During Cincy Comic Con ’14, much emphasis was placed on the fact that comics are a passion business, and there are more ways to “break in” than ever. To that end, Tony Moore moderated the “Comics—People are Dying to Get In!” panel consisting of artists Brian Level (The Brothers James, Valiant Comics), Kyle Strahm (Spread, We Will Bury You), writer Dennis Hopeless (Cable & X-Force, Avengers Undercover, Gearhead), and writer/artist Ryan Browne (God Hates Astronauts). Each person brought their own tales of breaking in and staying in this crazy industry.
All the creators were in agreement with the new cardinal rule of breaking into the comic business: Make Your Comics. Don’t wait for someone to tell you you can make them, don’t wait for someone to hire you because you’re the best unproven talent around. Go make your comics, give them away for free or for cheap, and make friends. You have to make your comic, and then make companies jealous they didn’t publish it, so they’ll want to talk to you about your next one.
The second big point was Don’t Be Weird. By that, they weren’t saying don’t think up weird, crazy stories. Don’t be bad weird. Good weird is where the stories come from, bad weird is stalking creators and just being a creep. Don’t do it, kids.
The three big guidelines to making it in the business were 1) Finish Things. If you start something and you can’t finish it, how are you supposed to be able to make a publisher trust you with a book on a deadline? 2) Be dependable. Finish things on time, finish them well. 3) Be likeable. No one likes working with an asshole, unless they’re an incredible genius, and even then, no one likes it.
When you’re looking to break in, there’s no replacement for doing the work. There’s a saying that behind every good drawing, there are a thousand bad ones. You have to hang out, put in your time, do your work, and get good.
In many ways, being a freelance writer or artist is like running your own small business. You can’t plan to make money early on, because you have to build a following. The rule of thumb is that there’s about five years where you’ll essentially have to give your stuff out for free before you see any profit. Much like people who try to run a Kickstarter on nothing but an idea, you have to make plans, and have work to show to build your following. Try publishing online for free to build your audience, then tap into that audience to fundraise. Get excited that people have read your work. That’s what you’re in it for, right? Because if you’re in it to get rich, all five panelist have reiterated that that is probably not going to happen.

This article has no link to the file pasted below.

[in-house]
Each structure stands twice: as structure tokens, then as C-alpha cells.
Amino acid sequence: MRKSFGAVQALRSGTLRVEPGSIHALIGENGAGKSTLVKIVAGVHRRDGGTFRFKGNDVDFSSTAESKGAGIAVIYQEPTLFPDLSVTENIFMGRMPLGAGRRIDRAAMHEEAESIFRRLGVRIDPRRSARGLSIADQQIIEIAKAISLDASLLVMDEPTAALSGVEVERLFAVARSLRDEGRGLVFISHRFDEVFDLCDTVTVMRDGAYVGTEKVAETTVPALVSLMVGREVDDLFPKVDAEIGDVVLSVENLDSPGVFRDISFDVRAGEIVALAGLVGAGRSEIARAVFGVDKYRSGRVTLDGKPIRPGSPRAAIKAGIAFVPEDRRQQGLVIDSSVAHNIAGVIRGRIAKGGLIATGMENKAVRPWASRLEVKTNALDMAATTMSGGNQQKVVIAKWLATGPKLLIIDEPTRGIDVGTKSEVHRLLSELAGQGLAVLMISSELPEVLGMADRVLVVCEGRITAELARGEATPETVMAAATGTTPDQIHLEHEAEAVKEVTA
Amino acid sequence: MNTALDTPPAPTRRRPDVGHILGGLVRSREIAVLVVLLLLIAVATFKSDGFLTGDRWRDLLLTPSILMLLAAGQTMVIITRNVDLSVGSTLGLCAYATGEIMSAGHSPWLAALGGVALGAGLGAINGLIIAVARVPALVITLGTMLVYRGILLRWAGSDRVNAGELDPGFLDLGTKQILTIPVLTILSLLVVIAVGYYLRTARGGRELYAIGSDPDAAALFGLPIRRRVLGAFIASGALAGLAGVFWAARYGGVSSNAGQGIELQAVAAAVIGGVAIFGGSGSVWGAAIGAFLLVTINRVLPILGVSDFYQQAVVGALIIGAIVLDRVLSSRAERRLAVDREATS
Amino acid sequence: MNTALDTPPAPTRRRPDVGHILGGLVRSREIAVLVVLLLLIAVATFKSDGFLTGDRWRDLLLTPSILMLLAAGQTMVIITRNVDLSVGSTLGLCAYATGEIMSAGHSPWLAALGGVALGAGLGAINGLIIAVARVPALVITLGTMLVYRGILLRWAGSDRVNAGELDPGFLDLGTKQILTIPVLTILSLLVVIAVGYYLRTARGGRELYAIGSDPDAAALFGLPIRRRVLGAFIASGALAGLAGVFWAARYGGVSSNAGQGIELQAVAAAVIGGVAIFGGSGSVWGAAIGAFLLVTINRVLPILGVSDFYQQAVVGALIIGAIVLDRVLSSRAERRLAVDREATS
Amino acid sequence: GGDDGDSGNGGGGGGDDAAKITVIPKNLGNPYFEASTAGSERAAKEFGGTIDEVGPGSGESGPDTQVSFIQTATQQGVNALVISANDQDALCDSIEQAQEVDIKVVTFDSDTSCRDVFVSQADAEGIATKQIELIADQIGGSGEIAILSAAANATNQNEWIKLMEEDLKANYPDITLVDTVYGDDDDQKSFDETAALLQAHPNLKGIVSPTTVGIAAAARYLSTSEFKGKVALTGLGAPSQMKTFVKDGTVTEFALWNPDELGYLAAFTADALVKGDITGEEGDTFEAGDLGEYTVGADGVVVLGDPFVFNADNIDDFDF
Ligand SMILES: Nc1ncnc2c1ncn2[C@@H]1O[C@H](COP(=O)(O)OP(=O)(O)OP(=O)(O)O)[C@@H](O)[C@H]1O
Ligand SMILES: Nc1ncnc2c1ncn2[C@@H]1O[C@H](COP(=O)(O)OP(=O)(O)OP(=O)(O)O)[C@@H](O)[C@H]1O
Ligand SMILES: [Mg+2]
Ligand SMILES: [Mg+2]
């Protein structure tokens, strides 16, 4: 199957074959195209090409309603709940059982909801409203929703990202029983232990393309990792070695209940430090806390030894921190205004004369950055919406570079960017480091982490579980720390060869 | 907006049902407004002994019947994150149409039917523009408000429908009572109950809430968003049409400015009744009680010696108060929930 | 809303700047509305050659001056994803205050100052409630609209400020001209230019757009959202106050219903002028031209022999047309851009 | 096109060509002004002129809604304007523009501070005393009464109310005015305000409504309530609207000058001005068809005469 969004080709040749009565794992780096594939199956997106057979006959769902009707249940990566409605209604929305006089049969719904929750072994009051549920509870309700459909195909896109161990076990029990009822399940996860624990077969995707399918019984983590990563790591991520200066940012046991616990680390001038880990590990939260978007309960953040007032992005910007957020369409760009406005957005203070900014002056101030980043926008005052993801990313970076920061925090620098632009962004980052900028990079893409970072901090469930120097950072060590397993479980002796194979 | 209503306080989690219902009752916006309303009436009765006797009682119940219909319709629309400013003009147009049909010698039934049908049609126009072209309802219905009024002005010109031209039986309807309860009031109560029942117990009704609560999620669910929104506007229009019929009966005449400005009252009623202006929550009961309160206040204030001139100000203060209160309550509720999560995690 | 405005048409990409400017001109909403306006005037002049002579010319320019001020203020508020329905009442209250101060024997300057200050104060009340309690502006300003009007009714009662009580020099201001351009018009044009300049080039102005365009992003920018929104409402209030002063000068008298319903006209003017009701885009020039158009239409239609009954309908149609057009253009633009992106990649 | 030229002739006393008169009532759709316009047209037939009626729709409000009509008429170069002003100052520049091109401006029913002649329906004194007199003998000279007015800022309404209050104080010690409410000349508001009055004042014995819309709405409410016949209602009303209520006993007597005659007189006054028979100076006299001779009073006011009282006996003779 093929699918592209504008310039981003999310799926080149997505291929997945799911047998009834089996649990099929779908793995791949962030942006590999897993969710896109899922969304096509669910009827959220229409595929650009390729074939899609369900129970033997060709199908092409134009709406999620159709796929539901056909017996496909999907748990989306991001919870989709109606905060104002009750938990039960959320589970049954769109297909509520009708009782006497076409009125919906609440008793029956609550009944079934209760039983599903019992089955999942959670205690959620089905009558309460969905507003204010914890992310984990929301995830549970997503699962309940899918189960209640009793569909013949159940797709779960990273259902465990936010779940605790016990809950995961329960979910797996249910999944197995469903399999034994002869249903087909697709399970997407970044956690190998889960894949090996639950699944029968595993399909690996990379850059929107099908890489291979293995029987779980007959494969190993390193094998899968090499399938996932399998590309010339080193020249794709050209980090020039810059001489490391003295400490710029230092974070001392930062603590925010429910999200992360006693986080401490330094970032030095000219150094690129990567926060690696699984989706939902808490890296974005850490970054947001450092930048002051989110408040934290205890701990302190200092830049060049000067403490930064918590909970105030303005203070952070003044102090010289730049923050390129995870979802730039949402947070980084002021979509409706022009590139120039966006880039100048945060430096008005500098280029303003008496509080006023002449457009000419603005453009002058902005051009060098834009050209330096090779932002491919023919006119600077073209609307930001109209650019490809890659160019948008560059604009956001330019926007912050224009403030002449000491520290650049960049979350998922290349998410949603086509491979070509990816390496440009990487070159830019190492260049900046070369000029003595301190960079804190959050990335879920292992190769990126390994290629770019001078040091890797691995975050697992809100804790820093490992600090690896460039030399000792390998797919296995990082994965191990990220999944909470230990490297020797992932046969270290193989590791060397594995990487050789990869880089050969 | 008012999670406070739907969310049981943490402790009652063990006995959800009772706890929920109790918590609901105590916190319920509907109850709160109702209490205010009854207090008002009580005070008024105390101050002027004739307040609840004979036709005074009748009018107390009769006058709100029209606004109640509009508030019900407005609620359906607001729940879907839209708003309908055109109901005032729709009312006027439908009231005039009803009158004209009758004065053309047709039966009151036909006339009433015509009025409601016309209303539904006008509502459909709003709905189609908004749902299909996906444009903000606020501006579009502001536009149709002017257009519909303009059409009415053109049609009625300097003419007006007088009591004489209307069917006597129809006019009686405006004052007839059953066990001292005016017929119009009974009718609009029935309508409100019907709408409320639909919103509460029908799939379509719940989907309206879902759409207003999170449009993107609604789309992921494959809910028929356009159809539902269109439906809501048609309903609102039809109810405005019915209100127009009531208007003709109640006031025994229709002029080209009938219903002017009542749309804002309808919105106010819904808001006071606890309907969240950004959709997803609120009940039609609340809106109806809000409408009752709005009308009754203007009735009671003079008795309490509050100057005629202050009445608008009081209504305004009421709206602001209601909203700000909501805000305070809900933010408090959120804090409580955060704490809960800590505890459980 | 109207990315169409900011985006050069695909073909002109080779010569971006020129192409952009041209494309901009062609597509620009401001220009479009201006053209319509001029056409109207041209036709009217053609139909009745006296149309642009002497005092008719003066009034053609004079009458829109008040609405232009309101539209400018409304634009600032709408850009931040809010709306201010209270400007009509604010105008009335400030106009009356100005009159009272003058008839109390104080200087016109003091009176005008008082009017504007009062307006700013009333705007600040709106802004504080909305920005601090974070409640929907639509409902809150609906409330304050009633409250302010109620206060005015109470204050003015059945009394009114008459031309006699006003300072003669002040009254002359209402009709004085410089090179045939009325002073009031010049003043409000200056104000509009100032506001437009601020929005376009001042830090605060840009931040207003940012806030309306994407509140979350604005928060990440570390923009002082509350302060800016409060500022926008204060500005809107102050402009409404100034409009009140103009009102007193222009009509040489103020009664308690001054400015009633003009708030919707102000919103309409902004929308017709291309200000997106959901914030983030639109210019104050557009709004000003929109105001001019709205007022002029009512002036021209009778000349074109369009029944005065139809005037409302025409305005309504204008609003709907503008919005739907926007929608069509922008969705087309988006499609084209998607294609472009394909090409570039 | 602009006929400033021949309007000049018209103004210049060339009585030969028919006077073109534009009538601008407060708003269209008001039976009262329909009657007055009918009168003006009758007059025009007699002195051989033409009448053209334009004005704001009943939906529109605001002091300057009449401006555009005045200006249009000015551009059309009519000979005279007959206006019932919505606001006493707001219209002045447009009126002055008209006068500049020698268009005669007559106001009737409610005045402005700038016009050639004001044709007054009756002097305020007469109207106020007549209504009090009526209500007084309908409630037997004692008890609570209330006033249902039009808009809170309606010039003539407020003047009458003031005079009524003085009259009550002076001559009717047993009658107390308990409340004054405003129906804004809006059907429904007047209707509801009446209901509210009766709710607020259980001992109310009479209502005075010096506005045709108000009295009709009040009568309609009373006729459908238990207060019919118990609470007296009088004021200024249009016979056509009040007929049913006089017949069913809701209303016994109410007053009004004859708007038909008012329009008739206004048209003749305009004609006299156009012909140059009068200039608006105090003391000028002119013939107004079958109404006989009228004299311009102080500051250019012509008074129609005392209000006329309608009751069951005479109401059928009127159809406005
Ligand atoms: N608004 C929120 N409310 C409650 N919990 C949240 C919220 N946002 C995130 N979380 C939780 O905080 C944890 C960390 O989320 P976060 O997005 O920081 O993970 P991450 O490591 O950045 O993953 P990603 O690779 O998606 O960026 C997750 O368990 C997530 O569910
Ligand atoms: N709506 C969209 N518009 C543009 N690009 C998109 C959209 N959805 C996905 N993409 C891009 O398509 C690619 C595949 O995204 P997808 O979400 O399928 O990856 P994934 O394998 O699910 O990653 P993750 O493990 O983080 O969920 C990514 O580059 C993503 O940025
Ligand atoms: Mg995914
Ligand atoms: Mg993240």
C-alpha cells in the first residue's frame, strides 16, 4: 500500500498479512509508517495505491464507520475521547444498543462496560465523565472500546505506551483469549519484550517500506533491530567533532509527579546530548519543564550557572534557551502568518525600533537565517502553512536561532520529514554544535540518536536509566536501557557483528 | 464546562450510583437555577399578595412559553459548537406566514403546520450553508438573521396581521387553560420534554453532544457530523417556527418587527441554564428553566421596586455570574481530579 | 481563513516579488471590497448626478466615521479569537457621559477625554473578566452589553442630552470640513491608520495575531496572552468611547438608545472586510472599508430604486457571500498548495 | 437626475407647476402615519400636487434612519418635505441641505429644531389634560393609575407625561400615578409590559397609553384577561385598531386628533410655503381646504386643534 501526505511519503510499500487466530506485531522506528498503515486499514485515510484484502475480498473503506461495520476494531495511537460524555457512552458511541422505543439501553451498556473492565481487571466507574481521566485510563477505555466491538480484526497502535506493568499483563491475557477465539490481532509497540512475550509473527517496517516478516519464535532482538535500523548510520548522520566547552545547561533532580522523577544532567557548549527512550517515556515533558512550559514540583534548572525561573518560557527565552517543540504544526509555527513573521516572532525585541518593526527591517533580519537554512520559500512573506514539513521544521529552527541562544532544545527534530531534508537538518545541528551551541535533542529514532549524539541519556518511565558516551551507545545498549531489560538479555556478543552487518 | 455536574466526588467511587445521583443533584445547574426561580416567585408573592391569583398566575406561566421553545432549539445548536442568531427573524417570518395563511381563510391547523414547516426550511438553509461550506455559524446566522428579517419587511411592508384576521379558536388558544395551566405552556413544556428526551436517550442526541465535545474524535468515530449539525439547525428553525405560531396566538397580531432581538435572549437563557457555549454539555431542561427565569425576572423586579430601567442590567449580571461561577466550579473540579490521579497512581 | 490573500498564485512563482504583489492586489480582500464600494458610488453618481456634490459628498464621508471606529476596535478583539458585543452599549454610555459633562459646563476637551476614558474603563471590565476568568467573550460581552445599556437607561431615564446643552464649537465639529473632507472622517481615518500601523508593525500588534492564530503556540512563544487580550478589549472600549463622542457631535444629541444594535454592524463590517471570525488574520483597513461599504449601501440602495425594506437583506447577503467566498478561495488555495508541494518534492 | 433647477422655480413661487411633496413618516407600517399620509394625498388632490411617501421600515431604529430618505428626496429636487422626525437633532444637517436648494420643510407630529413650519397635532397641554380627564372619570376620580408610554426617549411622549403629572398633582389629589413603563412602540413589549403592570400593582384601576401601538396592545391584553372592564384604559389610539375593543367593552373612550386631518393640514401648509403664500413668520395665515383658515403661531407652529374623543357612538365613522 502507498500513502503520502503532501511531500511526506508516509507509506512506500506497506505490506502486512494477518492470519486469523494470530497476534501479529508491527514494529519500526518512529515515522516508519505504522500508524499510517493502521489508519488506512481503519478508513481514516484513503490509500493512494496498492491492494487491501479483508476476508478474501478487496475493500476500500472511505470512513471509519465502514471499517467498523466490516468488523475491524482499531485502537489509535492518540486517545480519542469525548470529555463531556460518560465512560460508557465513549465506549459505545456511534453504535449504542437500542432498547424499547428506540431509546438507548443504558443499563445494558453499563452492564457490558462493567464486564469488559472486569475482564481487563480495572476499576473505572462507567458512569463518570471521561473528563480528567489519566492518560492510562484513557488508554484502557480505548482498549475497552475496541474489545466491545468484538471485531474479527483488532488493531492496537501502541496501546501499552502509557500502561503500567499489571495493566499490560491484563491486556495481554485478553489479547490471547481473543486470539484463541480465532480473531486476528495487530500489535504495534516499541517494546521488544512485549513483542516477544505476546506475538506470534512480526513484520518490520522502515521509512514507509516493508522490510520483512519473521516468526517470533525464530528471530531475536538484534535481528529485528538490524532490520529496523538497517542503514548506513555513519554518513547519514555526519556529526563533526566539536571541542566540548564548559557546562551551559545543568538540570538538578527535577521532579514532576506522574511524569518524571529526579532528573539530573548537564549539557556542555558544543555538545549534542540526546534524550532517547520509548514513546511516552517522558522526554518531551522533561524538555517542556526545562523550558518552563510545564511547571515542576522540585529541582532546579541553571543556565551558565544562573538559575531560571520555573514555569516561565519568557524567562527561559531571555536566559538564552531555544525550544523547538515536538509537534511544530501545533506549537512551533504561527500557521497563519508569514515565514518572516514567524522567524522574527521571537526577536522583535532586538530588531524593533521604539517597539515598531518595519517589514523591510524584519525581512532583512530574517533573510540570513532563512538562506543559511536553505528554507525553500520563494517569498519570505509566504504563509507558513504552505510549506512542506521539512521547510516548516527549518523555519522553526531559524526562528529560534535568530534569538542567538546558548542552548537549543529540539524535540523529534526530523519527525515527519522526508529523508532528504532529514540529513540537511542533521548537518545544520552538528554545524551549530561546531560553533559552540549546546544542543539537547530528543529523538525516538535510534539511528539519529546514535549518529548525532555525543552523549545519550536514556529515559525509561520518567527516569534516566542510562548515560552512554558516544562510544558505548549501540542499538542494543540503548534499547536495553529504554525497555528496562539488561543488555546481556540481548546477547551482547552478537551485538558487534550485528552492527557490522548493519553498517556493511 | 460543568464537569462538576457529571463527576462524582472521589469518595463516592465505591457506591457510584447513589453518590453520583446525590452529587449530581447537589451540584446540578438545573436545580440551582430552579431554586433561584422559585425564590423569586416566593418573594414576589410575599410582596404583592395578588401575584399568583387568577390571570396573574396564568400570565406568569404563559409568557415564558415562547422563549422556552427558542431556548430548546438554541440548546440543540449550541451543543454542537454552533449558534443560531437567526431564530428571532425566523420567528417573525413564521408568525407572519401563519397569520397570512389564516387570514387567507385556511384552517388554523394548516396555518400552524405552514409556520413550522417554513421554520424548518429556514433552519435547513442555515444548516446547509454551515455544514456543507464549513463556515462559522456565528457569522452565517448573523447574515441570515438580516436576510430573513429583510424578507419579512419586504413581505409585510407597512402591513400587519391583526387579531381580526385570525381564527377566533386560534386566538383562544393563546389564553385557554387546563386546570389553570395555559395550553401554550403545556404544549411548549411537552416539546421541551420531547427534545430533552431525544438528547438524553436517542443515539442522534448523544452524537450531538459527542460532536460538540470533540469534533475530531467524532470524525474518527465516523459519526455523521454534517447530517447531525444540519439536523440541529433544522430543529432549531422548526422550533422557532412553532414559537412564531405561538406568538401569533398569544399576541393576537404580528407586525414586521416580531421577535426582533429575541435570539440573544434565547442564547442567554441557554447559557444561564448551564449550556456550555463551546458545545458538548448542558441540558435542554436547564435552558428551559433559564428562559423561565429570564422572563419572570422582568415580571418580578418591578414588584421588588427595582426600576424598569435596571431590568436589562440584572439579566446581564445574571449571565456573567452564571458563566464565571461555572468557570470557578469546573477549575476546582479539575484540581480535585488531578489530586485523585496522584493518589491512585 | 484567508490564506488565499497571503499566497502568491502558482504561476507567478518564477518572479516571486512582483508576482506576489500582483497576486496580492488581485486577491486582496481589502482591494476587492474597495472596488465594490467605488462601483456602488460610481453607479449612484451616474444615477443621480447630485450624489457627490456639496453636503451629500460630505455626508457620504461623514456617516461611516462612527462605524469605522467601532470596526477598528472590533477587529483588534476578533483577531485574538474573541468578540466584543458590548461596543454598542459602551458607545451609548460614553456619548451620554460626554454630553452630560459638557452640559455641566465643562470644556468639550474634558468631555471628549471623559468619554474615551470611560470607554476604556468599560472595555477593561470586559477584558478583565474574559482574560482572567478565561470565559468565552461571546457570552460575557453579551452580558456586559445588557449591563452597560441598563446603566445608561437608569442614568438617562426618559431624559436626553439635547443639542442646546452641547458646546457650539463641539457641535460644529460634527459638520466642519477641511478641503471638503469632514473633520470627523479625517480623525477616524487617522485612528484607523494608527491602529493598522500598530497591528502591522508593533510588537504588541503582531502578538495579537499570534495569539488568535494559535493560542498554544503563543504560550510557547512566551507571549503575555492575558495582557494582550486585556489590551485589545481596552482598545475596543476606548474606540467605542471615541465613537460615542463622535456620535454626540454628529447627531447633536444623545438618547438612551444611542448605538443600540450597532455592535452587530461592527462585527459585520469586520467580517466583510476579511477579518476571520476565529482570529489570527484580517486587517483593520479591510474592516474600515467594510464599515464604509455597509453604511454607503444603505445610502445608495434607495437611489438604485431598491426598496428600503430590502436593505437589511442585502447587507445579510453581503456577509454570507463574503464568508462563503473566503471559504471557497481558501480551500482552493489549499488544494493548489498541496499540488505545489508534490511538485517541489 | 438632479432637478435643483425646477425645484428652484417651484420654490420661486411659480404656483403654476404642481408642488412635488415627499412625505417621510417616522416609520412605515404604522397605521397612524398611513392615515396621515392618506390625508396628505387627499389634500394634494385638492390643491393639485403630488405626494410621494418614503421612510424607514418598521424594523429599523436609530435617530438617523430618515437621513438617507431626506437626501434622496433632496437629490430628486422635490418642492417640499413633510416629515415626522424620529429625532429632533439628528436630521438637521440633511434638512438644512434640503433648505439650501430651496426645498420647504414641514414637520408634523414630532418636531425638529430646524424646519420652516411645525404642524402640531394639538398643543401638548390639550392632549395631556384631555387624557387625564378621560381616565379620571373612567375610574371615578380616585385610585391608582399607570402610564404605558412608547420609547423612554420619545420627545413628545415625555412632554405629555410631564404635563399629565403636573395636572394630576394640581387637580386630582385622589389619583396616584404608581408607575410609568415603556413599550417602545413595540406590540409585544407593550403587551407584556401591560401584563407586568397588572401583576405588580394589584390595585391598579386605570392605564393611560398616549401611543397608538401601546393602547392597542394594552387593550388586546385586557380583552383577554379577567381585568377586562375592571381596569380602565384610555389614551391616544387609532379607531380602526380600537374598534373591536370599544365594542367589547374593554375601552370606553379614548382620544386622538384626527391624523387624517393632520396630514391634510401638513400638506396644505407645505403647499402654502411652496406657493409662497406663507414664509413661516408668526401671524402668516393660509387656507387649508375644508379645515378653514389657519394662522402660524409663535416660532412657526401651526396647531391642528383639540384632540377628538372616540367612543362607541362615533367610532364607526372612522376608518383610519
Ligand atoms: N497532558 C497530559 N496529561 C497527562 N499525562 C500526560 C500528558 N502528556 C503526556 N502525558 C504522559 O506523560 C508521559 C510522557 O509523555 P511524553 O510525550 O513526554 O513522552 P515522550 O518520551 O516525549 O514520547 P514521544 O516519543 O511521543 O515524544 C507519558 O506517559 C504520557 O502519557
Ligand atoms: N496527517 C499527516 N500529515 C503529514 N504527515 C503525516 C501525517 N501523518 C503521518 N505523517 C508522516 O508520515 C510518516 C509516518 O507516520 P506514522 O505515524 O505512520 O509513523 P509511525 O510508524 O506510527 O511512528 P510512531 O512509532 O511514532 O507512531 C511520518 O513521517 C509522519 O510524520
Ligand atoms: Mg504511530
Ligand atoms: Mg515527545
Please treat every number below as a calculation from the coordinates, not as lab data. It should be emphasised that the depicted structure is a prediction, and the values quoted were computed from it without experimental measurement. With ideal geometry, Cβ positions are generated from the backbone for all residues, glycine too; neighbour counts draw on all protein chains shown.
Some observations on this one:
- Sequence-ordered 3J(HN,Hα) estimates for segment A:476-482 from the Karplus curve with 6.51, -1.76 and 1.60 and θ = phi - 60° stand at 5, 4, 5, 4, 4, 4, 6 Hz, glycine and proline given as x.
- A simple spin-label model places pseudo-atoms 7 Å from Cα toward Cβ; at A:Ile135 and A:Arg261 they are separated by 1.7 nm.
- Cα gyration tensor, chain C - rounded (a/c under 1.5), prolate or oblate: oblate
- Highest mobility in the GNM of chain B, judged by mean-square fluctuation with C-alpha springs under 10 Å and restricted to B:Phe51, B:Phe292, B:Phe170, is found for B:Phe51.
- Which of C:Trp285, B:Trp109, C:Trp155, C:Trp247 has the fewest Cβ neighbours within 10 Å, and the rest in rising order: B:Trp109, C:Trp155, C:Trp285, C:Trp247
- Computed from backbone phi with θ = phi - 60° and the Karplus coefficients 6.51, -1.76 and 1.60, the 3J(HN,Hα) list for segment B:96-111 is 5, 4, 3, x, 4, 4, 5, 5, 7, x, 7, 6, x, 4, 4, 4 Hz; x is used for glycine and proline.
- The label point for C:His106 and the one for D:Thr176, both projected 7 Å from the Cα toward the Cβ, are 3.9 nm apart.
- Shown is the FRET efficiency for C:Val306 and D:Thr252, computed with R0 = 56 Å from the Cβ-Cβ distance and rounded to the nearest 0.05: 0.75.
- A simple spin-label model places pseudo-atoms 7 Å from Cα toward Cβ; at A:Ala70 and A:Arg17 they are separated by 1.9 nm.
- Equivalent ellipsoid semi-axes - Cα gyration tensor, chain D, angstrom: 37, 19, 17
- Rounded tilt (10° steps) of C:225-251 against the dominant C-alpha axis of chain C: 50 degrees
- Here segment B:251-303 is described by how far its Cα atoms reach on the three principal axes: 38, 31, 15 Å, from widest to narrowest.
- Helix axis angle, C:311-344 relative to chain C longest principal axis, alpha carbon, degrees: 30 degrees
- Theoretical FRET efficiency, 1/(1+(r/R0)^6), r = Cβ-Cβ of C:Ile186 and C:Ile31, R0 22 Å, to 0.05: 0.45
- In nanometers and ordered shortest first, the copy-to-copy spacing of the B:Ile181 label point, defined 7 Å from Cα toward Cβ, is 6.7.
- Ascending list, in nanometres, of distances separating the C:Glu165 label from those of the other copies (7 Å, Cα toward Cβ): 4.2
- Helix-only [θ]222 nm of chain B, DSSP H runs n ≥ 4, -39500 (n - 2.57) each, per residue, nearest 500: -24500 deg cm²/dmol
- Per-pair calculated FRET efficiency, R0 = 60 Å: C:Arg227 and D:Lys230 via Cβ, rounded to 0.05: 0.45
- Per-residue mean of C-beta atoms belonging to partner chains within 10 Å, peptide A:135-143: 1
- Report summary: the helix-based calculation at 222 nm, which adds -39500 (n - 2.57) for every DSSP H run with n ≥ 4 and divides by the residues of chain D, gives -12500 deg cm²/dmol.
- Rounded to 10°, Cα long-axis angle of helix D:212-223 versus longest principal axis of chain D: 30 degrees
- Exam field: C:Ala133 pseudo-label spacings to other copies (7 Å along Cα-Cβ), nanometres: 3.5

The last piece of advice they gave before opening up the floor to questions was that you have to make friends in the industry. Don’t be the loner who’s going to create his masterpiece without any support network. Every panelist has gotten work in the industry in the past because they had friends who got them work. Networking is important.
At this point, they opened up to questions. The first was in regards to the worst jobs each panelist held outside of comics. Tony Moore was a Little Caesar’s delivery driver and a welder on a Toyota production line, coming home with a “snoot fulla slag” regularly; Kyle Strahm was a movie theater usher but was then demoted to concessions; Brian Level worked in a factory, stacking siding; Ryan Browne was a graphic designer for a huge pyramid scheme before that went under and his company transitioned to being a casket company, for which he was the lead designer; and Dennis Hopeless once worked in a Hardee’s where the gloves that were worn in the mornings to make the biscuits were full of maggots.